posted on 1/2011 By:
Now is as good a time as any to get into American grindcore because it seems every which way I turn I find another quality dose of blast beats, distorted guitar and manic shouting. Within the last three years, we’ve seen mostly stellar releases from the likes of Brutal Truth, Phobia, Pig Destroyer, Gridlink and Magrudergrind, and that’s off the top of my head. A year ago I wasn’t aware of how nicely Graf Orlock fits on that list, but after spending time with their Destination Time trilogy (three albums released between 2006-2009) and, recently, their cleverly titled Doombox EP, I now know.
To be honest, I found Destination Time: Today, the last album of the trilogy and their most recent, to be a bit tired relative to the first two installments; it is, after all, ambitious to pump out three albums worth of songs in three years and have it all be good. Early on there was something fresh in their sound, despite riffs that sound as much inspired by Brutal Truth as by noise/power violence/hardcore bands such as Iron Lung, Infest, or DropDead. And like Brutal Truth, Graf Orlock will surprise the listener every so often with an off-the-cuff riff that feels more at home on a Tony Williams album than on a grind album, though Graf Orlock has a ways to go before they can walk along side Brent McCarty or Rich Hoak. Above all else, the guys in Graf Orlock manage to package the vitriol and energy of the aforementioned bands into relatively coherent and manageable songs that even come with the occasional scream-along-worthy breakdown, all the while doing it with a sense of humor.
I’ve been talking about what Graf Orlock has done on previous records because across the six songs that comprise Doombox, they continue to do more or less exactly what they’ve done before, with, I’m happy to report, the same amount of punch and creativity as on their previous albums. And as has been the case with their previous releases, each song starts with a movie quote that relates to the song's lyrics and title (and arguably not at all to the music, but that’s for the best as I explain below). For you see, Graf Orlock has a gimmick, and that gimmick is that all their lyrics come from movie dialogue. I generally don’t like a gimmick, and at first thought, this would make them a waste of time, but to my surprise, I found their lyrics to be pretty funny, and while I can’t share any from Doombox, I can give you a little taste of something older. From “Todd and Janelle” on Destination Time: Tomorrow:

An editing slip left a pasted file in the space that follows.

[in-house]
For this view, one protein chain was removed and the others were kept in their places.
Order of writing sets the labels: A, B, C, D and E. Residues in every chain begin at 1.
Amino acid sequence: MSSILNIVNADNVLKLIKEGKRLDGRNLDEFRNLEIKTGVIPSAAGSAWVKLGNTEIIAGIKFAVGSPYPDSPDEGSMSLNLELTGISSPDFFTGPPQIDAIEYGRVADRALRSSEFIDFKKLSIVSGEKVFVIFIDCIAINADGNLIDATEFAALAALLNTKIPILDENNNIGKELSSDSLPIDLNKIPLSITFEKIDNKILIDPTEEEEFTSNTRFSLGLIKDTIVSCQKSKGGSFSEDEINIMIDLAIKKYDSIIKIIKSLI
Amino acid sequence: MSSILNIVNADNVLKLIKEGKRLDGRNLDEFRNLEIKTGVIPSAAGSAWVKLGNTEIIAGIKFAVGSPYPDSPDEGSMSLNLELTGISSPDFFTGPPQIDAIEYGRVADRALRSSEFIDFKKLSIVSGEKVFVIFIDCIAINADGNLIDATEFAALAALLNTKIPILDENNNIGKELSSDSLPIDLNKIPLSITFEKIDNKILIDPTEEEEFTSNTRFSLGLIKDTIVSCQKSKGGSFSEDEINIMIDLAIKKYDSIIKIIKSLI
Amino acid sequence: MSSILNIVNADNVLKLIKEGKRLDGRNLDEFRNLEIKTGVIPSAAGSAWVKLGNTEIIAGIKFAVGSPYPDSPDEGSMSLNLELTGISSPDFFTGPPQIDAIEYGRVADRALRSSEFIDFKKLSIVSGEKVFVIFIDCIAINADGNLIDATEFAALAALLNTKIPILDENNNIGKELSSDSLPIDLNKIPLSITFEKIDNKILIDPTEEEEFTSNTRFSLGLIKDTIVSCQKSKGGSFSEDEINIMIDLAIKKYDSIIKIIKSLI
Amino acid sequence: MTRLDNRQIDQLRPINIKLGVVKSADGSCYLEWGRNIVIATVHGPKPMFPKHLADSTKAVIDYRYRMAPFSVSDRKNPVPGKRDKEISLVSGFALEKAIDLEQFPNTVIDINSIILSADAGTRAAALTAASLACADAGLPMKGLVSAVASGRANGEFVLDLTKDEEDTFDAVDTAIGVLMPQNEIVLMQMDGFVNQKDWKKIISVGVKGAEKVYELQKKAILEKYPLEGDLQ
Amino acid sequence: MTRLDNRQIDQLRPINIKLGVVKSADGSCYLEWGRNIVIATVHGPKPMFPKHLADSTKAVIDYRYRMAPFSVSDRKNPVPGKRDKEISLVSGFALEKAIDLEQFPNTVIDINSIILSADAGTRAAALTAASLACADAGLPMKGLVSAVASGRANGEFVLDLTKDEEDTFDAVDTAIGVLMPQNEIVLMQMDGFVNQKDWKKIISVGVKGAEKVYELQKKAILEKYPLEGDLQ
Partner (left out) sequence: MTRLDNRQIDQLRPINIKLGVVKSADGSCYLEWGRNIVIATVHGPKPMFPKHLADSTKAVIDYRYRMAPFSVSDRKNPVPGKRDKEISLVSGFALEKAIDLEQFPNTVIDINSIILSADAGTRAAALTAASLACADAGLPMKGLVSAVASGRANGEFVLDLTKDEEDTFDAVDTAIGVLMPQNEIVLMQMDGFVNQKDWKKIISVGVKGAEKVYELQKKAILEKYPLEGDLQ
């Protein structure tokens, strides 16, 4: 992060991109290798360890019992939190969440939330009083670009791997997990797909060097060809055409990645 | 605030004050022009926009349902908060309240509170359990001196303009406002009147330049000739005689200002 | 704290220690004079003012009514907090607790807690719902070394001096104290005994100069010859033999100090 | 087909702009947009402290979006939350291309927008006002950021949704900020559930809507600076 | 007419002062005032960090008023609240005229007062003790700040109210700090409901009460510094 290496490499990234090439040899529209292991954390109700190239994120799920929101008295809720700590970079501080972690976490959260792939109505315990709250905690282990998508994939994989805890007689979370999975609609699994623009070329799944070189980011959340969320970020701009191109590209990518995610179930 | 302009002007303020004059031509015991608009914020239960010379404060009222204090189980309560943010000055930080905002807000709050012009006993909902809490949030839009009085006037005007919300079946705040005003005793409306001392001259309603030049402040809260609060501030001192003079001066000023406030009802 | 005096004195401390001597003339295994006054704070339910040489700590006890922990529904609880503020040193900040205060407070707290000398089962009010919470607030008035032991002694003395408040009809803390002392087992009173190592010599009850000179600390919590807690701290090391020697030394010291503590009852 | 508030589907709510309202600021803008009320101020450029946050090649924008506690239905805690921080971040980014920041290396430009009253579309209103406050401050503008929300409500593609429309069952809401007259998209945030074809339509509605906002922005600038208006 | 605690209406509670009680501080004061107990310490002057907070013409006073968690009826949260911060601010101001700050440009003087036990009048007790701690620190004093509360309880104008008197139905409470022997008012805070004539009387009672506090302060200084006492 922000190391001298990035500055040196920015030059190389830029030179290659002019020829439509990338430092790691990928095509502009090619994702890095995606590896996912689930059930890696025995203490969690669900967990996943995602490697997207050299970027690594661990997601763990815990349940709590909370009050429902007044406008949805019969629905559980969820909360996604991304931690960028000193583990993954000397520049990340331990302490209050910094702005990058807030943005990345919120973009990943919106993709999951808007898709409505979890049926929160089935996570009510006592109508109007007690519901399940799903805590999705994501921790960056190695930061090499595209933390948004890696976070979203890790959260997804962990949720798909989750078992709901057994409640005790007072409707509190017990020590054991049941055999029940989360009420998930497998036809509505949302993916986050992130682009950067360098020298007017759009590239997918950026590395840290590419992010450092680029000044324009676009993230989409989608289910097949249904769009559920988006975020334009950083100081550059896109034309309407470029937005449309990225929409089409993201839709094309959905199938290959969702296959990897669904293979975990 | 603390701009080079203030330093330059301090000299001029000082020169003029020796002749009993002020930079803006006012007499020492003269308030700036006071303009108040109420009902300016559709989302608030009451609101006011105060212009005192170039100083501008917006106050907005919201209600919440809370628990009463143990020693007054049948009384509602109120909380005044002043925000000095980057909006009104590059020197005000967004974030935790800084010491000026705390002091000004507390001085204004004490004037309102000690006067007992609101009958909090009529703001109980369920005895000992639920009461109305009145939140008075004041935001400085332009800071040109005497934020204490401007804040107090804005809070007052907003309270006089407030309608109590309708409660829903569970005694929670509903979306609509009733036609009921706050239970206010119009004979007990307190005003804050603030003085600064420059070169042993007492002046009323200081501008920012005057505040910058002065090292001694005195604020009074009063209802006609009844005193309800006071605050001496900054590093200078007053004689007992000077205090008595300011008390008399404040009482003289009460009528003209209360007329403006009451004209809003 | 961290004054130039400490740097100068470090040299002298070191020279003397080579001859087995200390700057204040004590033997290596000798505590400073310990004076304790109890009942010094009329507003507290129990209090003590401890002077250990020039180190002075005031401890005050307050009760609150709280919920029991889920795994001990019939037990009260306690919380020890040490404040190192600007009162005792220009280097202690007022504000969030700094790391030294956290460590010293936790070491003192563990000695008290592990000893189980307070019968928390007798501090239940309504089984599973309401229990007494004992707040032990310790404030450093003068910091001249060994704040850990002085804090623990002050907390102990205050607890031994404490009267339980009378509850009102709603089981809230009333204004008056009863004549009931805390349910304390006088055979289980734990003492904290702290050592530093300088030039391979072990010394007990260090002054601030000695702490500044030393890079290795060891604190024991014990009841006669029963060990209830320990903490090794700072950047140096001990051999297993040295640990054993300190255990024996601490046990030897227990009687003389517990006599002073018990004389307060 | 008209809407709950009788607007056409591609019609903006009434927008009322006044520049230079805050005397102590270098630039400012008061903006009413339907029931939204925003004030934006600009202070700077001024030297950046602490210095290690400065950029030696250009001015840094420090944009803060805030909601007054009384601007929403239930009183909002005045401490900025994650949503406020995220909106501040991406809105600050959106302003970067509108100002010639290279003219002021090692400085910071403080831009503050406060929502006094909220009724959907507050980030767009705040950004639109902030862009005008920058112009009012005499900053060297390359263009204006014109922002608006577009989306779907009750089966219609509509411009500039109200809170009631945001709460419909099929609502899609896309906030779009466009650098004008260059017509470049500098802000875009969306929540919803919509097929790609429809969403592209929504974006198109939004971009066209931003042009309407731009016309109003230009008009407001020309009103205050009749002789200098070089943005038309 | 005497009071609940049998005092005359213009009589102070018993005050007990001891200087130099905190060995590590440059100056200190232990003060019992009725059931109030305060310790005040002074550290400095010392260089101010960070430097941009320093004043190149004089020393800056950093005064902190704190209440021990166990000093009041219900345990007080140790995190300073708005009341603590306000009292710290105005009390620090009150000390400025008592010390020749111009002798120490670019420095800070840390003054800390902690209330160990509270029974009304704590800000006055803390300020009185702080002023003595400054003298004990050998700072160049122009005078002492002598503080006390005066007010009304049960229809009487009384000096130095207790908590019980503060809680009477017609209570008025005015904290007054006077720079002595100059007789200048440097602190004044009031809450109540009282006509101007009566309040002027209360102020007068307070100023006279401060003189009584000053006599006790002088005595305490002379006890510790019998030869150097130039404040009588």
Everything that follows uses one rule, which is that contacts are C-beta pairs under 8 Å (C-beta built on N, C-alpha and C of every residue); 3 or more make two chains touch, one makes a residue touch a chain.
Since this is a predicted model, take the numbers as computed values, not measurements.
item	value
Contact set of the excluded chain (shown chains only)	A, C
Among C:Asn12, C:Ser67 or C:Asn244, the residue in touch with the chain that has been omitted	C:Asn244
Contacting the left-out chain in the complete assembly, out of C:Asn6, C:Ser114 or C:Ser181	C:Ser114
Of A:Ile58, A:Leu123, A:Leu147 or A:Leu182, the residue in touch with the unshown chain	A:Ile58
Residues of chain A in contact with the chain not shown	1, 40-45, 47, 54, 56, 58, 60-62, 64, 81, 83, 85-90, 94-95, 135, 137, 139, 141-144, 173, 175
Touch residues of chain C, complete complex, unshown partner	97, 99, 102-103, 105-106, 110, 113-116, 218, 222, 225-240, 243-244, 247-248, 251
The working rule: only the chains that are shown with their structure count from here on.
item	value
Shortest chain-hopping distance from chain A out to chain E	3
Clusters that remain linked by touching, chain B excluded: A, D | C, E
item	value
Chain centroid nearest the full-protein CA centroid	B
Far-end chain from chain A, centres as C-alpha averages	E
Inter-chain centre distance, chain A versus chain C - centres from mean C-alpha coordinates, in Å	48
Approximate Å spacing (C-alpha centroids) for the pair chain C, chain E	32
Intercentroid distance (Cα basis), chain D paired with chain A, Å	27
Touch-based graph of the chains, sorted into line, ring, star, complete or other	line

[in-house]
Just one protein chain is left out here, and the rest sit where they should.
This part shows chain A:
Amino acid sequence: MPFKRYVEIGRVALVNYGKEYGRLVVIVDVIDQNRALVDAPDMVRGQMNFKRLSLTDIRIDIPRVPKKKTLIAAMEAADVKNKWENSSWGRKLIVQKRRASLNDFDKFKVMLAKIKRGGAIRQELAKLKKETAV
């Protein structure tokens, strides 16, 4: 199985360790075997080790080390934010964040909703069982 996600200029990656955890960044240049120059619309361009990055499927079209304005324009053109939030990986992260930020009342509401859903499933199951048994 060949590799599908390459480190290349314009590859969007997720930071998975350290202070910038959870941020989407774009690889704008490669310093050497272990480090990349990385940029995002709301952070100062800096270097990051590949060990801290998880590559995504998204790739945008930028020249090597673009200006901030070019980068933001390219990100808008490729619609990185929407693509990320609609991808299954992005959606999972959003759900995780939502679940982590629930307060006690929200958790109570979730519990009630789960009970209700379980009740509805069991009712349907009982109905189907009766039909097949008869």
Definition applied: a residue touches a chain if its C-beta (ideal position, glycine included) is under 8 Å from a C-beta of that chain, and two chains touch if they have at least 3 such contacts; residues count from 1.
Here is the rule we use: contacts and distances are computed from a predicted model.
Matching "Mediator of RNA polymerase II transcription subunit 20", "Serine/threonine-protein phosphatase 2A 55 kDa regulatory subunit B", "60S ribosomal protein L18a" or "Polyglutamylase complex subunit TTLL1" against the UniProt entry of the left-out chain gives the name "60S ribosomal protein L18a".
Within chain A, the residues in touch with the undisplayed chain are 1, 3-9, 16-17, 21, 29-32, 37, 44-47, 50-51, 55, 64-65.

“Todd and Janelle are dicks, but I’ve got to warn them. That dog is barking. What the fuck is that god-damned dog barking at? Shut the fuck up, you god-damned mutt. John come home, I made casserole. Your foster parents are dead. Let's fucking go.”
Taken out of its cinematic context and placed into a noisy grind one, these lines of dialogue become comedic gold. All that being said, it never hurts to have a group of competent musicians playing beneath the gimmick, and, on Doombox especially, a more than adequate production to boot. Ultimately, I can get into a band that can be funny while also managing to kick out some solid grind that comes off as fairly original. Supposedly, no one knows the ‘true’ identity of the guys in the band as they generally use pseudonyms, but I’ve begun to imagine that Steven Spielberg (vocals), Martin Scorsese (guitar/vocals), Ron Howard (bass), and James Cameron (drums) are behind this. Between this review and our other reviews of their earlier albums, if you haven’t heard Graf Orlock yet, you should nevertheless be able to get a pretty good idea of whether or not you’ll like them much, and Doombox is as good a place as any to start.
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Destination Time Tomorrow
4/24/2007 Graf Orlock
Destination Time Yesterday